Wednesday, January 30, 2019

Cammo wrap.



Whenever I am in Santa Clara I like to drive by the Byton Campus. I think if they are going to have a real car, you'd start seeing it around campus. I have driven by probably a dozen times, and nothing. Until today.

It is a very busy small campus. At first I tried taking stalker pictures with zoom, and then I was like - they can't make me get off the sidewalk. So - after I was done today, I went back and just took pictures from the sidewalk. They still had guys watching the car. Eventually I asked if I could take pictures a little closer. This meant stepping on their property. And they were fine with it.

The only thing they said was not to take pictures of the interior. I took a couple of shots thanked them and walked off. But I did wonder what they thought I didn't need to see. I've seen this car at CES and Pebble beach. So I've already seen the inside.



7 comments:

Capital of Texas Refugee said...

I think I've gone off cars again, and gadgets (other than the ones we make) aren't doing anything for me ...

This has been creeping up on me for a while, but the trip out to Nassau and to some of the surrounding countries made this a bit more obvious.

Aside from having some kind of vehicle to do errands, I'm apparently pretty much OK with having someone else do the driving. Taxis, limos, airport shuttles, tour buses, and a rental for two days ... it was all pretty much OK.

There was even a semi-crappy transit system involved, and using it did not kill me or give me a persistent case of head lice.

I also found out that connecting to my VoIP provider from the islands more or less works without a lot of drama. Bizarrely filtered hotel Wi-Fi is still a problem, but I can get a pretty decent LTE prepaid setup going for about what it costs here, maybe a little less in some countries, and that's enough to make my phones work.

Now what I want in a phone is more LTE bands, not a better camera, not a 3D camera, and so on. I want at least 64 GB of internal storage so I don't have to jump through hoops with Android app movers and linkers. All of this is doable with an unlocked phone that costs less than $500 now, and paying more than that just gets me something that's less likely to fit in my shirt pocket.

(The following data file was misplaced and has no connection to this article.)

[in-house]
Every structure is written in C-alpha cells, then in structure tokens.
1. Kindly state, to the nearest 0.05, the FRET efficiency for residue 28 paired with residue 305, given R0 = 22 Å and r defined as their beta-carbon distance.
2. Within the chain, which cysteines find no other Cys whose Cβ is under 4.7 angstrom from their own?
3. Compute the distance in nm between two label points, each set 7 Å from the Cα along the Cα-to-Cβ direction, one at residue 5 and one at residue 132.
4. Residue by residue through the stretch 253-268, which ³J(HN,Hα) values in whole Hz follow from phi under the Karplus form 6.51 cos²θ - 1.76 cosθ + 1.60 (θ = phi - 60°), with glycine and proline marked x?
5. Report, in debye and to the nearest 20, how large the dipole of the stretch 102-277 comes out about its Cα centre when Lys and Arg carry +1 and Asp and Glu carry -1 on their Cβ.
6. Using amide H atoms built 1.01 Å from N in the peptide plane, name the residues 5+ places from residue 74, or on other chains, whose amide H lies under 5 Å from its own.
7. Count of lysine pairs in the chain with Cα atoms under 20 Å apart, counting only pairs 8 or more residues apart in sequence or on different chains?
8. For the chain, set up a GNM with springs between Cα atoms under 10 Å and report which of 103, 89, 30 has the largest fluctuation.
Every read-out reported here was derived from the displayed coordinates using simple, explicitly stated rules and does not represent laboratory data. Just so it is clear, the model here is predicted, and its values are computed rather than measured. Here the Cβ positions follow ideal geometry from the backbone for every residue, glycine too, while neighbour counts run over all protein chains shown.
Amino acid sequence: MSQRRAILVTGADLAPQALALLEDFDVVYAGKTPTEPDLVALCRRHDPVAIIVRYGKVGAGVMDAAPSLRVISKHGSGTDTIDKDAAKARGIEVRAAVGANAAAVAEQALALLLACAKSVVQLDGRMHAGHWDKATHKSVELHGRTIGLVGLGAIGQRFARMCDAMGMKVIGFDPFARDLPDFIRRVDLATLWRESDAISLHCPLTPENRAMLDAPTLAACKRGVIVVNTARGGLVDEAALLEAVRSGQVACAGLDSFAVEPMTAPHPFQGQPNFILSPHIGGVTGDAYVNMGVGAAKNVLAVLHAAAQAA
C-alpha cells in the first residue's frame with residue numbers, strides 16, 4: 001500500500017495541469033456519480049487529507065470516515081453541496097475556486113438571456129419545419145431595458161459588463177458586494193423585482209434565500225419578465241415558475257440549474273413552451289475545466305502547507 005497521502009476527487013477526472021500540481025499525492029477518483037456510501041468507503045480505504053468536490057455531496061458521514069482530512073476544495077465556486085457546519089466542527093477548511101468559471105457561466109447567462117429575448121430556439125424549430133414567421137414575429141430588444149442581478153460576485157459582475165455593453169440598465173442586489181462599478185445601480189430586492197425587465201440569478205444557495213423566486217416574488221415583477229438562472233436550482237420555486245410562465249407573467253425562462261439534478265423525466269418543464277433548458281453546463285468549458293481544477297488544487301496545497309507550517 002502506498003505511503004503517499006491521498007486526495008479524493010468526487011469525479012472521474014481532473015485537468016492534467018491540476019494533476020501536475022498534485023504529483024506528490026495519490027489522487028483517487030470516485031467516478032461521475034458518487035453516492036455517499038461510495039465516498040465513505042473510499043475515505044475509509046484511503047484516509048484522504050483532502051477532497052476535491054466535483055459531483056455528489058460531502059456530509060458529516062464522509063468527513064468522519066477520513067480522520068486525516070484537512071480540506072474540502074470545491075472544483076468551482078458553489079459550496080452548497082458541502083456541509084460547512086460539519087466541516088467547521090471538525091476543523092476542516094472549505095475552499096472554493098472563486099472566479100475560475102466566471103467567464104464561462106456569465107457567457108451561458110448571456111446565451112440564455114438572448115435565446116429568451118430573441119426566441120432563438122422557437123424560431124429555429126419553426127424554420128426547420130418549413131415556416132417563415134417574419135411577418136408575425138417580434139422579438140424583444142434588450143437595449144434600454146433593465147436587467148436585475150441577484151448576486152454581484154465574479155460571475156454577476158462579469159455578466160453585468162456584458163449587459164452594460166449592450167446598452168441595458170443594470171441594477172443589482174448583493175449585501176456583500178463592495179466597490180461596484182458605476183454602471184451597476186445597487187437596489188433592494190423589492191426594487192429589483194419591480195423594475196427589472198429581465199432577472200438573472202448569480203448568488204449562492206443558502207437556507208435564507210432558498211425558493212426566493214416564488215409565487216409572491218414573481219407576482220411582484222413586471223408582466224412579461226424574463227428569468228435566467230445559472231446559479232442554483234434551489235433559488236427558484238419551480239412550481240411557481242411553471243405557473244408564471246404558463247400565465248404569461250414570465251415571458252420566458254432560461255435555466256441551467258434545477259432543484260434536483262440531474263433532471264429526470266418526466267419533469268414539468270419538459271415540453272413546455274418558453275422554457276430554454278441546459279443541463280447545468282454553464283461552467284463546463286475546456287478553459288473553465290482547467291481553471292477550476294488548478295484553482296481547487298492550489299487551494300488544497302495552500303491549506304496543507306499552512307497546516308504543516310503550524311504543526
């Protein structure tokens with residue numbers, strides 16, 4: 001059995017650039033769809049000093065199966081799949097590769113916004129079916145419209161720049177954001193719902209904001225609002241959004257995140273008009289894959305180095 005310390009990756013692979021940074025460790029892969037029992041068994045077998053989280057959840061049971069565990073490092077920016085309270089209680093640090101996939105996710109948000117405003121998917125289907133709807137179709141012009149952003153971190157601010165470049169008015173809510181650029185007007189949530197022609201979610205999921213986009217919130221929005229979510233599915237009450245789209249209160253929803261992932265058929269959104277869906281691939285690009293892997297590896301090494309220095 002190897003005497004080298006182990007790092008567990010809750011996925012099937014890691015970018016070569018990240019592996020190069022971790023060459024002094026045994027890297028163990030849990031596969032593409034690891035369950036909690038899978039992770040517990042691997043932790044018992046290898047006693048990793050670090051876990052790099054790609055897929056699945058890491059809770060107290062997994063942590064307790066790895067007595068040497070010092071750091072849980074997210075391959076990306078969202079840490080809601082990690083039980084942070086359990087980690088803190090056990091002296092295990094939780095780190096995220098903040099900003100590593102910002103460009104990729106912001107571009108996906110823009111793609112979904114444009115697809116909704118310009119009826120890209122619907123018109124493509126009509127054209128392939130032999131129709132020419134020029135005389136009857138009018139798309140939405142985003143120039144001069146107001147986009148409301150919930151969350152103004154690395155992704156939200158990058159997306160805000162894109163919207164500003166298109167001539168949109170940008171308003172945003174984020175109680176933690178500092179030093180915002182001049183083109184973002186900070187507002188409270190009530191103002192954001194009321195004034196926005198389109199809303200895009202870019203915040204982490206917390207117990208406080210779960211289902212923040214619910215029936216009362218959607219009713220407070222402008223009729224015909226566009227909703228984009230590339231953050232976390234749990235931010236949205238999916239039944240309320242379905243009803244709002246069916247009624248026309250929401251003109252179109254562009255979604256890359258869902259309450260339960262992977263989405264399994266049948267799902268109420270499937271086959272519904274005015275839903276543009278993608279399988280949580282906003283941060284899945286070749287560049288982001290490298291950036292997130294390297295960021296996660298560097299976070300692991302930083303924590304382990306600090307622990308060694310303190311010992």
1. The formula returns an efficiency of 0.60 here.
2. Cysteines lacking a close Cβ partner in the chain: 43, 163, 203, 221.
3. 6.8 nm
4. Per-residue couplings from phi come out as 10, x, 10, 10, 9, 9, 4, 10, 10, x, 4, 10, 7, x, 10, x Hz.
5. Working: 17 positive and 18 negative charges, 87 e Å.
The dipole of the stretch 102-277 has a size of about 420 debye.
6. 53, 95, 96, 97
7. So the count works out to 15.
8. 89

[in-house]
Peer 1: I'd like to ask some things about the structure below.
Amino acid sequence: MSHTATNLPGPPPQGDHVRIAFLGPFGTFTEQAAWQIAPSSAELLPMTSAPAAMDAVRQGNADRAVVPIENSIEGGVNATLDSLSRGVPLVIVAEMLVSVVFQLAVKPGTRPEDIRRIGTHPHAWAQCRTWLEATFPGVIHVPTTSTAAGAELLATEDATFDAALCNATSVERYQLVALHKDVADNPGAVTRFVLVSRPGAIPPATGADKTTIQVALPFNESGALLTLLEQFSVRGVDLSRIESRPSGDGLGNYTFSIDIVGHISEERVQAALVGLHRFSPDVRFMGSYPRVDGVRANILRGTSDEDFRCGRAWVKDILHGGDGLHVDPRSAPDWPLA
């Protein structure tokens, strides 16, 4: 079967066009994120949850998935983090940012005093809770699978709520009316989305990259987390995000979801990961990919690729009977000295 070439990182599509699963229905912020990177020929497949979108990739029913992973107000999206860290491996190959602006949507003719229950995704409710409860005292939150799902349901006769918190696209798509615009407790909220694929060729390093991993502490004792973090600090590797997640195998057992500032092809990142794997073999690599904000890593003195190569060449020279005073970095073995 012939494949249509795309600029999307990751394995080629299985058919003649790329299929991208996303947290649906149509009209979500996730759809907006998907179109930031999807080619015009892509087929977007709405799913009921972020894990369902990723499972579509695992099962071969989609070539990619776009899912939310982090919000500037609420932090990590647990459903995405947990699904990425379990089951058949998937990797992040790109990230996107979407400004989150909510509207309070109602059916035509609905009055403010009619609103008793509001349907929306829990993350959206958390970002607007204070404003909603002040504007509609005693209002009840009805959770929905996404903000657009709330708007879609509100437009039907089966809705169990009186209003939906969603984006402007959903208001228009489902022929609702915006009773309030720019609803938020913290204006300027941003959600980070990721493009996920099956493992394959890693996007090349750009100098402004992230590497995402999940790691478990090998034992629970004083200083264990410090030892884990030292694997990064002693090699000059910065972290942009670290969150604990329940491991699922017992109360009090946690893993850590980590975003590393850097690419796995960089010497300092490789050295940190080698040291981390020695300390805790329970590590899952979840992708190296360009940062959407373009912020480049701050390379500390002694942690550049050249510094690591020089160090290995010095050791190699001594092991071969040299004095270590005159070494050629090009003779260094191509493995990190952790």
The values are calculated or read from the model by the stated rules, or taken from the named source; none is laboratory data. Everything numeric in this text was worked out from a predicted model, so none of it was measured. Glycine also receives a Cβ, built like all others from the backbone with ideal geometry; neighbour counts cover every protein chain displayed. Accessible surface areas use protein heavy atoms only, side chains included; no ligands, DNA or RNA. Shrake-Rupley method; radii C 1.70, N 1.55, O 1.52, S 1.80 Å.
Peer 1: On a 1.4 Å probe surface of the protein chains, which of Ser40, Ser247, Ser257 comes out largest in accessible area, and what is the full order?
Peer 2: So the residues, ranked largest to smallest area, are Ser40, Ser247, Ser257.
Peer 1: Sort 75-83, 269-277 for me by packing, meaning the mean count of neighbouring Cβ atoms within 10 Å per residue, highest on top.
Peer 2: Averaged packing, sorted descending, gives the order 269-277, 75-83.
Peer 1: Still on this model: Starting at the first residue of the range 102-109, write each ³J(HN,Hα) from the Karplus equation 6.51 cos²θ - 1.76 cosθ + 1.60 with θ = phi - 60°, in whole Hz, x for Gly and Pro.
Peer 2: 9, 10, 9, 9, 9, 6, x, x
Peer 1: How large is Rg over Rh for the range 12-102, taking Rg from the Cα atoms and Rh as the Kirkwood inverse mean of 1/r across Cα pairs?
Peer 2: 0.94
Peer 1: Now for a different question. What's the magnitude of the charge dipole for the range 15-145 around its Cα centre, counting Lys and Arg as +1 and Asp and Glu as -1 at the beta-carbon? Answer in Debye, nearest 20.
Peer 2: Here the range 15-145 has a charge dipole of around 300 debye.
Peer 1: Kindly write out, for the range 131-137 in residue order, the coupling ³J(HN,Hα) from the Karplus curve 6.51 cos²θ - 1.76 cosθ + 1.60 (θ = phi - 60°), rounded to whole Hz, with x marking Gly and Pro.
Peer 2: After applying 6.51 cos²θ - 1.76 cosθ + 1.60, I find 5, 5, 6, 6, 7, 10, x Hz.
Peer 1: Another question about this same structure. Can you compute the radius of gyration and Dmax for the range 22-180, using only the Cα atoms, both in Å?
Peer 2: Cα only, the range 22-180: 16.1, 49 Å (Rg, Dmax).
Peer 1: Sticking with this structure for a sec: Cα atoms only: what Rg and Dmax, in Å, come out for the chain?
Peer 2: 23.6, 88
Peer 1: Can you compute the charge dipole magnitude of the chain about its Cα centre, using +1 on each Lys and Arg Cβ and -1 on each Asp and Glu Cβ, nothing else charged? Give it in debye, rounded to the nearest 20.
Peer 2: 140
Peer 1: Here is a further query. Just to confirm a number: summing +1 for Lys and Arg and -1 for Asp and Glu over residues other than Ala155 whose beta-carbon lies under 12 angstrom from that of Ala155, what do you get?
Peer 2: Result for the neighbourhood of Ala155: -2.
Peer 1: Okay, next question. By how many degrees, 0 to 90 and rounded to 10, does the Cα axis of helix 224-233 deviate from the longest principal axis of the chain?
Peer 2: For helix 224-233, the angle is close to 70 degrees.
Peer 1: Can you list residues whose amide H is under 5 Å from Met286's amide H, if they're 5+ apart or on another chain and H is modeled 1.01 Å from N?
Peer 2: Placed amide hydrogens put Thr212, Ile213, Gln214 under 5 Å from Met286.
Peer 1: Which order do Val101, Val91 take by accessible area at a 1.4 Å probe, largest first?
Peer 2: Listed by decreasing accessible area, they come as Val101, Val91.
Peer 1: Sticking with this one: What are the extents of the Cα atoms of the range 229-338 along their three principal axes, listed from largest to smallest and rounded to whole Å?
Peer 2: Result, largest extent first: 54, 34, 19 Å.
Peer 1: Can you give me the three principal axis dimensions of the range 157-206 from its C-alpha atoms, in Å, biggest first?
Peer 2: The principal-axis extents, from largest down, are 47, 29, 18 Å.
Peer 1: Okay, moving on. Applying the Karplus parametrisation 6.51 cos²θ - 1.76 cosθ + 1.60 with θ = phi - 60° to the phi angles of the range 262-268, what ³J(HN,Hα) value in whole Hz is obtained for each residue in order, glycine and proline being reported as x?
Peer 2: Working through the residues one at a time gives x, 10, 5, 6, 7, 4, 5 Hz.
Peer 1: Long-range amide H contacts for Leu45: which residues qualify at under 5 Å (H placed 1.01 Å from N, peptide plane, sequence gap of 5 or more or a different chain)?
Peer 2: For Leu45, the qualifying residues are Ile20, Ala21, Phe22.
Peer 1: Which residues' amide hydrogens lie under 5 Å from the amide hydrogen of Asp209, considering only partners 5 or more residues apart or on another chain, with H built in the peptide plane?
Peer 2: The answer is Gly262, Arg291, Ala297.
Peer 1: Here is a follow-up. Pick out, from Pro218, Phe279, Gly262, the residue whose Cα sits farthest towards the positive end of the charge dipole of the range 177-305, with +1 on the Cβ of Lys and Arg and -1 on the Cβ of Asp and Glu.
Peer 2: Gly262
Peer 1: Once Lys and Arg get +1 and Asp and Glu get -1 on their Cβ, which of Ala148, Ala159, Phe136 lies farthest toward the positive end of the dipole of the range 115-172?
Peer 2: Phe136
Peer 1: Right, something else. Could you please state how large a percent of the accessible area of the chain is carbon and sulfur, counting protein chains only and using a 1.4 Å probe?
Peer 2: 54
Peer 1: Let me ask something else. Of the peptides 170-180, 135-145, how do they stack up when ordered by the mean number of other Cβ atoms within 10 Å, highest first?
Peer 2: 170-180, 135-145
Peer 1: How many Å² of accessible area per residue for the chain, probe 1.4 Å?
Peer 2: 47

And so it is with vehicles: I'm selling off everything and buying something super-cheap because I'm not going to keep it for more than two years. Even with that, I'm probably going to drive it into the ground if I'm not actually going to drive it into a charity to give away when it's time.

But why two years?

Because that's apparently the top speed of all of the paperwork.

I don't have every last dime out of my companies, and by selling them I'll probably get sixty cents on the eventual dollar as things stand now, but that's pretty decent all things considered. There still has to be some value left in them for someone else to want to take them over, after all.

But the day after I got home, I started getting that sell-off into motion.

This is really why I've been hanging around in apartments -- I didn't really know when I'd actually want to start cashing out. After that last house experience, I didn't really want to go through another one.

There may yet be a new place that I'll actually buy, but negotiations have just begun, and so I don't know how that'll really work out.

As for the stalker? That's been dealt with, but the thing that got me thinking was that I'd gone out of my way years ago to try to set this person up with something really good when the old company got closed.

I read something about a comedian recently who had the same kind of problem where the people he wanted to keep close kept trying to screw up his act while he was performing. Now I totally get it -- if you're a celebrity or you have some notoriety, you wind up with a bunch of acquaintances and have to be very, very careful about friends and associates.

Especially the ones you had before you reached that point in your life.

The Adam Curtis "Hypernormalization" thing came up because when I got back, I did not feel like this was at all normal, even though my mode of travel allowed me to avoid having the TSA try to stick a thumb up my butthole.